The Different Stages of Dehydration The human body requires water to function effectively, and we all know the age-old rule of drinking eight glasses of water per day. Unfortunately, not everyone likes water, and there are many individuals that do not have access to potable drinking water.

Fortunately in the UK there is not shortage of drinking water, be it tap water, which is of a consistently high standard, bottled water or water dispensed from a water cooler. This does not mean that there are not still many individuals in the UK who do not drink enough water to prevent dehydration.

One of the problems is that many individuals do not know what the signs of dehydration are; they do not know the various stages of dehydration either, and therefore do not know when it is necessary to seek medical help.

The Different Stages of Dehydration

Dehydration occurs when an individual loses more liquid than they are taking in. This loss takes place via sweating, crying, breathing, and urination. The amount of water that is lost varies from individual to individual, which is why modern beliefs do not agree with the 8×8 rule of fluid intake.

Dehydration causes the body to lose body-weight, as the human body is around two-thirds water. When this happens, the body cannot function optimally and this can affect your health very badly.

There are essentially 3 stages of dehydration:

  1. Mild Dehydration– you lose 3% to 5% of your body weight
  2. Moderate Dehydration – you lose 6% to 9% of your body weight
  3. Severe Dehydration– you lose 10% or more of your body weight

It is important to recognise the different stages of dehydration in order to take the appropriate steps to drink water to rehydrate the body.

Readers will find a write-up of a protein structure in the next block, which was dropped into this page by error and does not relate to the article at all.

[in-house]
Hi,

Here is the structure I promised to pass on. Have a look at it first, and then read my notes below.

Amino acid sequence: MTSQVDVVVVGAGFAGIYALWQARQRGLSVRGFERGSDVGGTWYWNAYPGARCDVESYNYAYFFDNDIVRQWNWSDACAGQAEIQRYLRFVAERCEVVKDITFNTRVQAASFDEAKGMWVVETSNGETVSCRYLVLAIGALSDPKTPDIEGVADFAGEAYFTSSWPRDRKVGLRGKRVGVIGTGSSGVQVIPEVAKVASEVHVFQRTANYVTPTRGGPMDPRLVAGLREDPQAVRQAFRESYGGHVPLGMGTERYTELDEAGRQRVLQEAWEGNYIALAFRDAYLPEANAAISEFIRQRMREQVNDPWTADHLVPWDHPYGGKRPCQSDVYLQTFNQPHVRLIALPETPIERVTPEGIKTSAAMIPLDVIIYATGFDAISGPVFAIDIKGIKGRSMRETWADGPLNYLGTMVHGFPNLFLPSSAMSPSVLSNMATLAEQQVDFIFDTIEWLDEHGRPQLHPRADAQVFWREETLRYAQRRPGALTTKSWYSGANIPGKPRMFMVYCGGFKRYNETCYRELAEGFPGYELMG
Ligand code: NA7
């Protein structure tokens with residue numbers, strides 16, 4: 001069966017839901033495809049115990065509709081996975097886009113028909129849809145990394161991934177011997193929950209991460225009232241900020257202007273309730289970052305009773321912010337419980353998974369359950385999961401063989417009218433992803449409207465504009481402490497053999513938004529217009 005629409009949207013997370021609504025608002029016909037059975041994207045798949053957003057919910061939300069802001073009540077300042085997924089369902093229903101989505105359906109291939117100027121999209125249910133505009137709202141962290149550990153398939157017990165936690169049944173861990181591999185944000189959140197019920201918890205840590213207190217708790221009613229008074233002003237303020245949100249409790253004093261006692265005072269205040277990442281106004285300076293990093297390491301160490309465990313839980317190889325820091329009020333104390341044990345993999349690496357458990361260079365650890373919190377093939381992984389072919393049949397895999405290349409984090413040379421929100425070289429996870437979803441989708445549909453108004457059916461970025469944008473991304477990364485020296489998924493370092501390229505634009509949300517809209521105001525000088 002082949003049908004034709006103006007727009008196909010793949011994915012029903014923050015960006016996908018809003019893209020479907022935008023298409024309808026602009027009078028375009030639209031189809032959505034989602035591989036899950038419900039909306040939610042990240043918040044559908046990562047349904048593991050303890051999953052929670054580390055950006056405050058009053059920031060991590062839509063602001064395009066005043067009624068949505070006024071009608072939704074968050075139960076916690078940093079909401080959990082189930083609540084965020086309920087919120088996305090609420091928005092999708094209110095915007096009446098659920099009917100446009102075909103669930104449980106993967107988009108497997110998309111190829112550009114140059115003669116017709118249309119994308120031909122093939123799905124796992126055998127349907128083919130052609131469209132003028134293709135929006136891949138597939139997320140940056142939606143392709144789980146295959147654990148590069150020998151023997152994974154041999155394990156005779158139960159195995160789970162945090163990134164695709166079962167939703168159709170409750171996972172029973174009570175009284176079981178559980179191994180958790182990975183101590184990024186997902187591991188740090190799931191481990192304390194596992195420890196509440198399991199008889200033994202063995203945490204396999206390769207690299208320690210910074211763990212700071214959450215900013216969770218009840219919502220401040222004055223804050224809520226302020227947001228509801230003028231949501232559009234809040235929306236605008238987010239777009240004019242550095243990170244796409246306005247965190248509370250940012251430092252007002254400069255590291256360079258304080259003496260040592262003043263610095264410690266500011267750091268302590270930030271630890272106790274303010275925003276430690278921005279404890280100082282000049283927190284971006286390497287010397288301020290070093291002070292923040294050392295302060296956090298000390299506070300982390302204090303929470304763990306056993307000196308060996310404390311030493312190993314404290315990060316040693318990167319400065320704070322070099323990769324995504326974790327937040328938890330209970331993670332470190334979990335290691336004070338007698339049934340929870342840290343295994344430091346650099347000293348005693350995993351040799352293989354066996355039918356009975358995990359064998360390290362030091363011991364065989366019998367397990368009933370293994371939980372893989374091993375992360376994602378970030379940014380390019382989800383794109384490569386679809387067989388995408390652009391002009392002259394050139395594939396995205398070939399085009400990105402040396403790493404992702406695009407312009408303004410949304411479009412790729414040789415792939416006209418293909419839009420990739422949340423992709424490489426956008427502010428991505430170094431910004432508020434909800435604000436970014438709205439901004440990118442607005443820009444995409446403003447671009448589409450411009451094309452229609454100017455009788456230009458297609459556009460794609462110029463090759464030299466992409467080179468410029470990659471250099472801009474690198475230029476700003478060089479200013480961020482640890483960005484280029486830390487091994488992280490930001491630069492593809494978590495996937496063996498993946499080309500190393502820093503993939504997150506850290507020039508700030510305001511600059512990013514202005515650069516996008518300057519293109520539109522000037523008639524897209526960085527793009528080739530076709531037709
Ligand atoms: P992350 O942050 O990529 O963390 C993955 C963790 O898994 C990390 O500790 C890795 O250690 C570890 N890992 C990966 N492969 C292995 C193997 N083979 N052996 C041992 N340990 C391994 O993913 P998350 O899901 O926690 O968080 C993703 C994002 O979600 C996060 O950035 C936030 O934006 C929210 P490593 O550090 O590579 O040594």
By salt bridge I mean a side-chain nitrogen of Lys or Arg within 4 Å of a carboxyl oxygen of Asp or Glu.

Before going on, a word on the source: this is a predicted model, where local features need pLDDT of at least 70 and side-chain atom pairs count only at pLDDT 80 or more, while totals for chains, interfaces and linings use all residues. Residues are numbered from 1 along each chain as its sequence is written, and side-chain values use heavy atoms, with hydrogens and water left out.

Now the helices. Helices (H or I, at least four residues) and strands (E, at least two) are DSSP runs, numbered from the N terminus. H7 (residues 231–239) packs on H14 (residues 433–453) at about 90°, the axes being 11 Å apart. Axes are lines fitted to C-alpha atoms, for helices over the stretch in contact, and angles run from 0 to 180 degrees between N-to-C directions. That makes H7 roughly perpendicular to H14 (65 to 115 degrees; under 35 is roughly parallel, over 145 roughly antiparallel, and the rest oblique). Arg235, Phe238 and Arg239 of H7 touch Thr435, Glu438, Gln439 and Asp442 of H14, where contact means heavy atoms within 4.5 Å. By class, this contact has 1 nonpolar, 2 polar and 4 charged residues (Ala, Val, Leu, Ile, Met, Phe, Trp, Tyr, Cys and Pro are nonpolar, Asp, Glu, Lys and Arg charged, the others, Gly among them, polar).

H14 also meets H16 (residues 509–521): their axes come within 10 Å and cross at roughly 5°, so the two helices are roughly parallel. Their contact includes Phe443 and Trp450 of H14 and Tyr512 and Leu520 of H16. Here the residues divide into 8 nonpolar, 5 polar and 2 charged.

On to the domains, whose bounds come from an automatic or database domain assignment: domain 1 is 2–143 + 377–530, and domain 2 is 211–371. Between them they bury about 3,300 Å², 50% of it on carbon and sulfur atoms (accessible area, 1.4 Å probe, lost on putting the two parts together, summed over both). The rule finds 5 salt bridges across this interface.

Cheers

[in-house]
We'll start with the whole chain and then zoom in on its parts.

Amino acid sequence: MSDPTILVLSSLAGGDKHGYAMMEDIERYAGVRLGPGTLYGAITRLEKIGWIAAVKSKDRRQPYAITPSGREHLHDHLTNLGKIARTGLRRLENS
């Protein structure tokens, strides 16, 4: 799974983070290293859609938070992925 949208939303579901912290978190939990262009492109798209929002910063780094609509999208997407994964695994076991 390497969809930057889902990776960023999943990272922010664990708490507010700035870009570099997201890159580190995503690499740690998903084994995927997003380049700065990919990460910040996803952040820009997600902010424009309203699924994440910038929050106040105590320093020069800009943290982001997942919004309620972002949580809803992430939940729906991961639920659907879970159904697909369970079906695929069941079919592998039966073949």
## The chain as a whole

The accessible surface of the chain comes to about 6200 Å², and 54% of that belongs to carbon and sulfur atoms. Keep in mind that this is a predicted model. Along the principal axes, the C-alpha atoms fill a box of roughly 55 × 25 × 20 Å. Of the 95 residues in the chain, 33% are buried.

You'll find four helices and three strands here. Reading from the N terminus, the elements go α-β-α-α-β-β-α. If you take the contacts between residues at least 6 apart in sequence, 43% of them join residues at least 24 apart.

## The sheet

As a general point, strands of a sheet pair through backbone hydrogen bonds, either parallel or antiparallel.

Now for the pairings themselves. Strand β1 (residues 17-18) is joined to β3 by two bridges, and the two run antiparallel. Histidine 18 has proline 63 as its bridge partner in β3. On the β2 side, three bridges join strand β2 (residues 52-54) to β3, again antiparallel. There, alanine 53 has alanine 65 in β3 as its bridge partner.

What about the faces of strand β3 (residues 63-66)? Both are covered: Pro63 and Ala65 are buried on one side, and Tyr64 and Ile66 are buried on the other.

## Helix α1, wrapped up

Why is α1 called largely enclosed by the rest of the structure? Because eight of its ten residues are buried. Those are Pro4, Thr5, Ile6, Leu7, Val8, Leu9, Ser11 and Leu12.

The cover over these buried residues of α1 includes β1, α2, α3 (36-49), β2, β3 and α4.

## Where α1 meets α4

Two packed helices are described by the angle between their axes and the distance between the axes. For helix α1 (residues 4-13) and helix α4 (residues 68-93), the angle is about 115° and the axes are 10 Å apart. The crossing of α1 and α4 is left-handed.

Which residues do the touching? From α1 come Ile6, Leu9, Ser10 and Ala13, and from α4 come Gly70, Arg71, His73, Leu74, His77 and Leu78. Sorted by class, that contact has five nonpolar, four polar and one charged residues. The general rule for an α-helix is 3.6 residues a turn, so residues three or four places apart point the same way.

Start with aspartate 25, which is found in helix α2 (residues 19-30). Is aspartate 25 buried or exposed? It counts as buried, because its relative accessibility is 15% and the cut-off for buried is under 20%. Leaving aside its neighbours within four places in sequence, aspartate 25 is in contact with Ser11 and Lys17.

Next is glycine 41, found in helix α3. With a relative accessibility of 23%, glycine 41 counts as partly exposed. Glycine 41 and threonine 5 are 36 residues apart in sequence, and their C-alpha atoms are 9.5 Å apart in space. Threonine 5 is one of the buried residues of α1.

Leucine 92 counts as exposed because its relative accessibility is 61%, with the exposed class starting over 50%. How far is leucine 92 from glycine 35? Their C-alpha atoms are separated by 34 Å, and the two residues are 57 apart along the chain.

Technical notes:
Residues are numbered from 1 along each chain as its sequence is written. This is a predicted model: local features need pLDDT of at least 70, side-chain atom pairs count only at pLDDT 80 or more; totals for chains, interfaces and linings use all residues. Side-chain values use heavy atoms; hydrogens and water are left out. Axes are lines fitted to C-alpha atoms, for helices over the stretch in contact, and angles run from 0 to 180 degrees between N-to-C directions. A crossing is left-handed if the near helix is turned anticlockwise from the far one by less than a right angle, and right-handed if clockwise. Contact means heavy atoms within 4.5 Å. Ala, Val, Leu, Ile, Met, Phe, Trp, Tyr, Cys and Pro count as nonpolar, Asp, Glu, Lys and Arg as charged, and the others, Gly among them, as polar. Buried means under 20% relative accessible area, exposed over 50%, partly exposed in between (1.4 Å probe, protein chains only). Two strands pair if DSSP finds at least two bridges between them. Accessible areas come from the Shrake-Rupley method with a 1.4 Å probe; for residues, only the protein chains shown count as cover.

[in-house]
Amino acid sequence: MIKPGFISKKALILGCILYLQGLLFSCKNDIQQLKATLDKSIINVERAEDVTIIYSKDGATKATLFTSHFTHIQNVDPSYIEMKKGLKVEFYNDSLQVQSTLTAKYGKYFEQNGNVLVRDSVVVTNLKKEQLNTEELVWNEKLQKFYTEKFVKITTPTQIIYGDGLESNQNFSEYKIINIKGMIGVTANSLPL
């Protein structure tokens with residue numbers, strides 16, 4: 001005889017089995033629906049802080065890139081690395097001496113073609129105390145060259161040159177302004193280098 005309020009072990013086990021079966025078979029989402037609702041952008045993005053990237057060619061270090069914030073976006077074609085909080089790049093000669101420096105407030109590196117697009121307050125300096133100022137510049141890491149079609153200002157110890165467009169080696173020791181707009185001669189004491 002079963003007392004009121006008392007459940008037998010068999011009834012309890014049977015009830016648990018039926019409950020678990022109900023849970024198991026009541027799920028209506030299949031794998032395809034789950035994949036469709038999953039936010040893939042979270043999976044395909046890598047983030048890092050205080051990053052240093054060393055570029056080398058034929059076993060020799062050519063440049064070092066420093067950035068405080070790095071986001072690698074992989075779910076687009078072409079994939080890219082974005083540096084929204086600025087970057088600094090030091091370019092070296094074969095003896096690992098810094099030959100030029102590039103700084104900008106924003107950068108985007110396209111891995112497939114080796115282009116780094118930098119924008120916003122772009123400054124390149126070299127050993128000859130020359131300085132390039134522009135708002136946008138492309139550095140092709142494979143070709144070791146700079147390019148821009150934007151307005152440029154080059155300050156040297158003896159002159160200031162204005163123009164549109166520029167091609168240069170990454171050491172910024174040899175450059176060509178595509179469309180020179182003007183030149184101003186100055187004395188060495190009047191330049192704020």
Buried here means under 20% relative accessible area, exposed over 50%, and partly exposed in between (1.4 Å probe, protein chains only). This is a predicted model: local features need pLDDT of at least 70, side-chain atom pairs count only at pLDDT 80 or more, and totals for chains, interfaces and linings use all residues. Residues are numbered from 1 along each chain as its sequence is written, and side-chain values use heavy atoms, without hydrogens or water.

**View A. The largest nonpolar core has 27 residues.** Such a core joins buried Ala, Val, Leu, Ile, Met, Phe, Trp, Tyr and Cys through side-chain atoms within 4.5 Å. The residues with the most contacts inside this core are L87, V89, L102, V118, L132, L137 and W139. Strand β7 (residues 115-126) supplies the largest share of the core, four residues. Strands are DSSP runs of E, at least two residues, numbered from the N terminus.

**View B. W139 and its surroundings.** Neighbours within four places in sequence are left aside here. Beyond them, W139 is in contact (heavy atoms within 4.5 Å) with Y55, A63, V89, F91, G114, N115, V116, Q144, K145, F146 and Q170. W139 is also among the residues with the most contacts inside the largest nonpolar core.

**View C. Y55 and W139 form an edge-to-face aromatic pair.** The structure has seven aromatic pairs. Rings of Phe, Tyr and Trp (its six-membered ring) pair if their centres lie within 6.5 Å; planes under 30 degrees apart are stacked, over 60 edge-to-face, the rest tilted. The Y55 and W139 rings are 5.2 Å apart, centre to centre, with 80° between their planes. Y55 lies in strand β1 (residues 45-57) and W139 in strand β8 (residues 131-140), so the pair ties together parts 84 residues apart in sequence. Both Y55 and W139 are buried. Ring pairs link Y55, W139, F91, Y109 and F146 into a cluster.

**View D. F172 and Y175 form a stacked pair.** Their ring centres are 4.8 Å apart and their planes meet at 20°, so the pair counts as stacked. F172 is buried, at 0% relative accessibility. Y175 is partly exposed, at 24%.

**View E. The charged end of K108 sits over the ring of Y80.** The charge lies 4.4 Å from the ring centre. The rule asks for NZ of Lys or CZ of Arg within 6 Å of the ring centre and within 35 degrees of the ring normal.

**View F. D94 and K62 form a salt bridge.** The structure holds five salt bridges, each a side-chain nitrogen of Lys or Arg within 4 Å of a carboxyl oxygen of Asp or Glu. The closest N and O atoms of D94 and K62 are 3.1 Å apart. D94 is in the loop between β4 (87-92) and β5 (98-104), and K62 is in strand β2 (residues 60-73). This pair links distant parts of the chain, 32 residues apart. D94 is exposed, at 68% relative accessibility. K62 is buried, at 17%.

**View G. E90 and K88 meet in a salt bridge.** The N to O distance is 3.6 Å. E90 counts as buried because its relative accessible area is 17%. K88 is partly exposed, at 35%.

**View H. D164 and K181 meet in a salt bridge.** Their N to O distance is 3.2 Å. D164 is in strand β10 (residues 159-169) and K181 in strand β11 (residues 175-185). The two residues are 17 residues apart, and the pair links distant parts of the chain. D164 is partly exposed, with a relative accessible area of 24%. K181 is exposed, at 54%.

Mild Dehydration

Mild dehydration can occur because of normal sweating on a hot day or excess urination, and this can cause one to feel a bit thirsty and dry-mouthed. Your lips and nose may also feel a bit dry. Check your urine at this stage; if it is a dark yellow or amber, you need to drink water to rehydrate.

At this stage, the thirst that you are feeling is your brain telling you that you need to drink water. Ignore this warning at your peril, as things will only get worse if you do.

Moderate Dehydration

Moderate dehydration can result in abnormalities in the body’s potassium and sodium levels, which could affect the rhythm of your heartbeat, as the heart needs to work more to pump blood and oxygen throughout your body.

The symptoms of moderate dehydration include:

  • Dry mouth, lips and nose
  • Extreme thirst
  • Decreased urine output
  • Deep, rapid breathing
  • Headaches
  • Dry skin
  • Dizziness and feeling light-headed
  • Fatigue and lethargy
  • Low blood pressure
  • Confusion
  • Constipation
  • Muscles cramping
  • A rapid, weak pulse of 100bpm at rest
  • A drop in body-temperature, especially in the extremities
  • Blue lips
  • Painful kidneys

Drinking water or other fluids such as electrolyte drinks at regular intervals should resolve your hydration problems. Monitor the colour of your urine and do not stop hydrating until your urine is clear or light-coloured

Severe Dehydration

Severe dehydration is serious and requires medical intervention to prevent damage to your kidneys or liver. Severe dehydration can also cause kidney stones to form and can damage muscle and create cholesterol problems.

Just drinking water will not help at this stage as it has gone beyond the point where you can rehydrate without medical help.

Seek medical advice immediately if you exhibit any of the following symptoms:

  • Severe diarrhoea
  • Inability to produce tears
  • Vomiting or a fever
  • Bloody or black stool
  • Moderate diarrhoea for more than 24 hours
  • Inability to keep down fluids
  • Irritability
  • Feeling disoriented
  • Sunken, dry eyes
  • A weak pulse
  • Fits (seizures)
  • Low blood pressure (hypotension)
  • Dry skin that sags slowly into position when pinched up
  • Inability to pass urine for eight hours
  • A low level of consciousness

Sever dehydration normally requires hospitalisation and a drip to restore fluids. If not attended to immediately it can lead to various complications, including death.

The best way to avoid becoming dehydrated is to invest in a water cooler from which you can drink water throughout the day. Get bottled water coolers and mains water coolers for your office or business.

Sources:

NHS

Mayo Clinic